Zemlinsky, Korngold, and Shostakovich
rich Wolfgang Korngold (1857-1957) was one of those alarming infant prodigies who have quite extraordinary musical abilities: he wrote several operas in late Romantic style, and worked as a composer on Hollywood films from 1935-1945. I first discovered him when seeing the Errol Flynn The Adventures of Robin Hood (1938) which has a splendid - and Oscar-winning - score. This was in 1969, when Korngold was practically forgotten: since then there has been a revival of interest in his melodic style, and recently the Royal Festival Hall has included his works in several concerts.
Yesterday evening Nikolai Znaider played Korngold's violin concerto (1945), with the London Philharmonic Orchestra conducted by Vladimir Jurowski. The concerto is drawn in part from the scores Korngold wrote for the film The Prince and the Pauper (1937), Juarez (1939), and the Oscar-winning score for Anthony Adverse (1936) - of course in those days the music for a film was effectively dead after its initial release, so re-using it wasn't such an odd decision as it would be nowadays. Despite its lush lyricism, the work makes considerable technical demands on the performer (it was originally written for the phenonemal Jascha Heifitz): Znaider surmounted these in fine style.
From 1908 to 1911 the young Korngold studied with the established operatic composer Alexander von Zemlinsky (1871-1942), learning a great deal from him. (When in 1911 Korngold went on to study with Hermann Grädener, Zemlinsky sent him a postcard asking 'Is Grädener making any progress?'). Korngold's romantic style, with complex orchestrations, owes a good deal to Zemlinsky, and the concert started with Zemlinksy's Sinfonietta Op.23 - a logical choice given the connection between the men. It's a late work - 1934 - dealing in more dissonance than Zemlinsky's earlier romantic writing.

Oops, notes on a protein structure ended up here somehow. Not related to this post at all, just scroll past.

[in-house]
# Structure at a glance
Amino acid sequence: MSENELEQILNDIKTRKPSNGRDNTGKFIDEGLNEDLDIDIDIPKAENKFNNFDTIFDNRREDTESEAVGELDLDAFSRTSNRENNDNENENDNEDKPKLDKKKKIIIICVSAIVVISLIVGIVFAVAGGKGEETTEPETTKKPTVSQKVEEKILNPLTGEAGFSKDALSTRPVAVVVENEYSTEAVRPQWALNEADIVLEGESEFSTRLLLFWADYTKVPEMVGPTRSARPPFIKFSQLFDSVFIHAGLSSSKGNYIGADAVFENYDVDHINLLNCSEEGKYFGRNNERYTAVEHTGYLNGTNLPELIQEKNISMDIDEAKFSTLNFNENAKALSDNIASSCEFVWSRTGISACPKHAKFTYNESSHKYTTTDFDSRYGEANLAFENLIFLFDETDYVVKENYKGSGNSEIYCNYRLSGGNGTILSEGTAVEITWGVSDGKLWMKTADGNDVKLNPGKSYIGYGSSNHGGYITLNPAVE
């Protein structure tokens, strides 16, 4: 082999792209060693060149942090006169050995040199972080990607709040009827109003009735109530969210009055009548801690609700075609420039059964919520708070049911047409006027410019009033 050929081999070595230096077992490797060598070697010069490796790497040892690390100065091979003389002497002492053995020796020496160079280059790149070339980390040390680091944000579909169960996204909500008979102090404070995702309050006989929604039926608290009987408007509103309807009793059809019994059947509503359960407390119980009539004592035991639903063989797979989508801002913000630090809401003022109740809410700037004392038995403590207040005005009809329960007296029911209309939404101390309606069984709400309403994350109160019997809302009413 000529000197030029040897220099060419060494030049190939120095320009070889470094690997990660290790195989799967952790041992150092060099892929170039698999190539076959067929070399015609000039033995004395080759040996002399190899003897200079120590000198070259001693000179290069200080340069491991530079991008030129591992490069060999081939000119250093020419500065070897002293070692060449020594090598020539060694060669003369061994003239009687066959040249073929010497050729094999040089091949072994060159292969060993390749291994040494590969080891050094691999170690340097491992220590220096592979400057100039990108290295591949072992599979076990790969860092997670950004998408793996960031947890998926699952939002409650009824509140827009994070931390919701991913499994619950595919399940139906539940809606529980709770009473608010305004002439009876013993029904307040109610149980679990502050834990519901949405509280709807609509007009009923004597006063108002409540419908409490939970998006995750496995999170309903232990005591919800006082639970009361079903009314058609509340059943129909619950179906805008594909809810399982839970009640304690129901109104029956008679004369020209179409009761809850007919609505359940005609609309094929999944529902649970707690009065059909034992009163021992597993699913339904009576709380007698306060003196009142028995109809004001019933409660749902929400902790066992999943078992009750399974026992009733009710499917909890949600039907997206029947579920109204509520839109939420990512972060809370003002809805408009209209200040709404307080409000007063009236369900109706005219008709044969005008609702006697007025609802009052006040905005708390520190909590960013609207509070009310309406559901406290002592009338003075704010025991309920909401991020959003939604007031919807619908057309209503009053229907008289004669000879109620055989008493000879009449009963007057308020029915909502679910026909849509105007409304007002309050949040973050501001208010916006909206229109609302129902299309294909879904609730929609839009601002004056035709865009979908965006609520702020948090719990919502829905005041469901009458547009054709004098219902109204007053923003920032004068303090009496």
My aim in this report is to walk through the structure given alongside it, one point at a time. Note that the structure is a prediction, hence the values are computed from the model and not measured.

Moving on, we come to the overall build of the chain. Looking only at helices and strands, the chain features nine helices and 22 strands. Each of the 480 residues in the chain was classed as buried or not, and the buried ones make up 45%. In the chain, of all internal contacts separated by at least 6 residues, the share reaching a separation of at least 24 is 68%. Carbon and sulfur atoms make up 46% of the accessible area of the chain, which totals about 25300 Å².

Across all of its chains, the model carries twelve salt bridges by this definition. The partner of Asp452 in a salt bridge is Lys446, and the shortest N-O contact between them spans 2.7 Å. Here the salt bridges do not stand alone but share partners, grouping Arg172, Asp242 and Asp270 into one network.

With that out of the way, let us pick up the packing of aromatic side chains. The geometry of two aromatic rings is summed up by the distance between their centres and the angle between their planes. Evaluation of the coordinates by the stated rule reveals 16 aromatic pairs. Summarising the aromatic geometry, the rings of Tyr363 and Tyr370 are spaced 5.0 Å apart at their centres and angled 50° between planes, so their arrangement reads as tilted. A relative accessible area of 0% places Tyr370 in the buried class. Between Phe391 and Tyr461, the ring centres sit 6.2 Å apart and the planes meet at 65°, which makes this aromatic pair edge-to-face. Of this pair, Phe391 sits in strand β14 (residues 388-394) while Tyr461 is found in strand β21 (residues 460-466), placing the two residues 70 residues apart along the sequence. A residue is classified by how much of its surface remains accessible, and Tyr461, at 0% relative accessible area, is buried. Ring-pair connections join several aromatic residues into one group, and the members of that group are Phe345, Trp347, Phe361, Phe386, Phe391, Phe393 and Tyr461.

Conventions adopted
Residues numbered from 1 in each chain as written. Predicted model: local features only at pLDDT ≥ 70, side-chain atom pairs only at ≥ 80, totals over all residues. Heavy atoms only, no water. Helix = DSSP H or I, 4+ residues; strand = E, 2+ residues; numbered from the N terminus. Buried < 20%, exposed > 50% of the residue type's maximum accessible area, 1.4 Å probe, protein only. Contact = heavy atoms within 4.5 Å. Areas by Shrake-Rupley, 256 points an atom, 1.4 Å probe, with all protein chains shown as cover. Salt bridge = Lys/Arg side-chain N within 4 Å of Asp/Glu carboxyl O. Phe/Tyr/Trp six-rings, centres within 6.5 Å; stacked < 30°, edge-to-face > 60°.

Both Zemlinsky and Korngold managed to escape the Nazis and their condemnation of 'degenerate music'. Dmitri Shostakovich (1906-1975) had to function in Stalin's Russia, when it was demanded that all music must be optimistic and in the service of the State. After damaging critiscism of his opera Lady Macbeth of Mtsenk Shostakovich had to give the appearance of complying with the State's demands. (Plenty of artists and musician's who failed to do so were 'disappeared'.) His 6th Symphony, composed in 1939, has three movements. The first, and longest, is uneasy and slow; the second is a scherzo, but one with an edgy feel to it. The last movement - taken by Jurowski at a cracking pace and played with almost terrifying precision - sounds on the surface like rumbustious fun: but it is the fixed smile of those in a totalitarian regime: look happy - or die.
Posted: Thu - November 15, 2007 at 09:07 AM by Roger Wilmut
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Published On: Mar 11, 2016 05:00 PM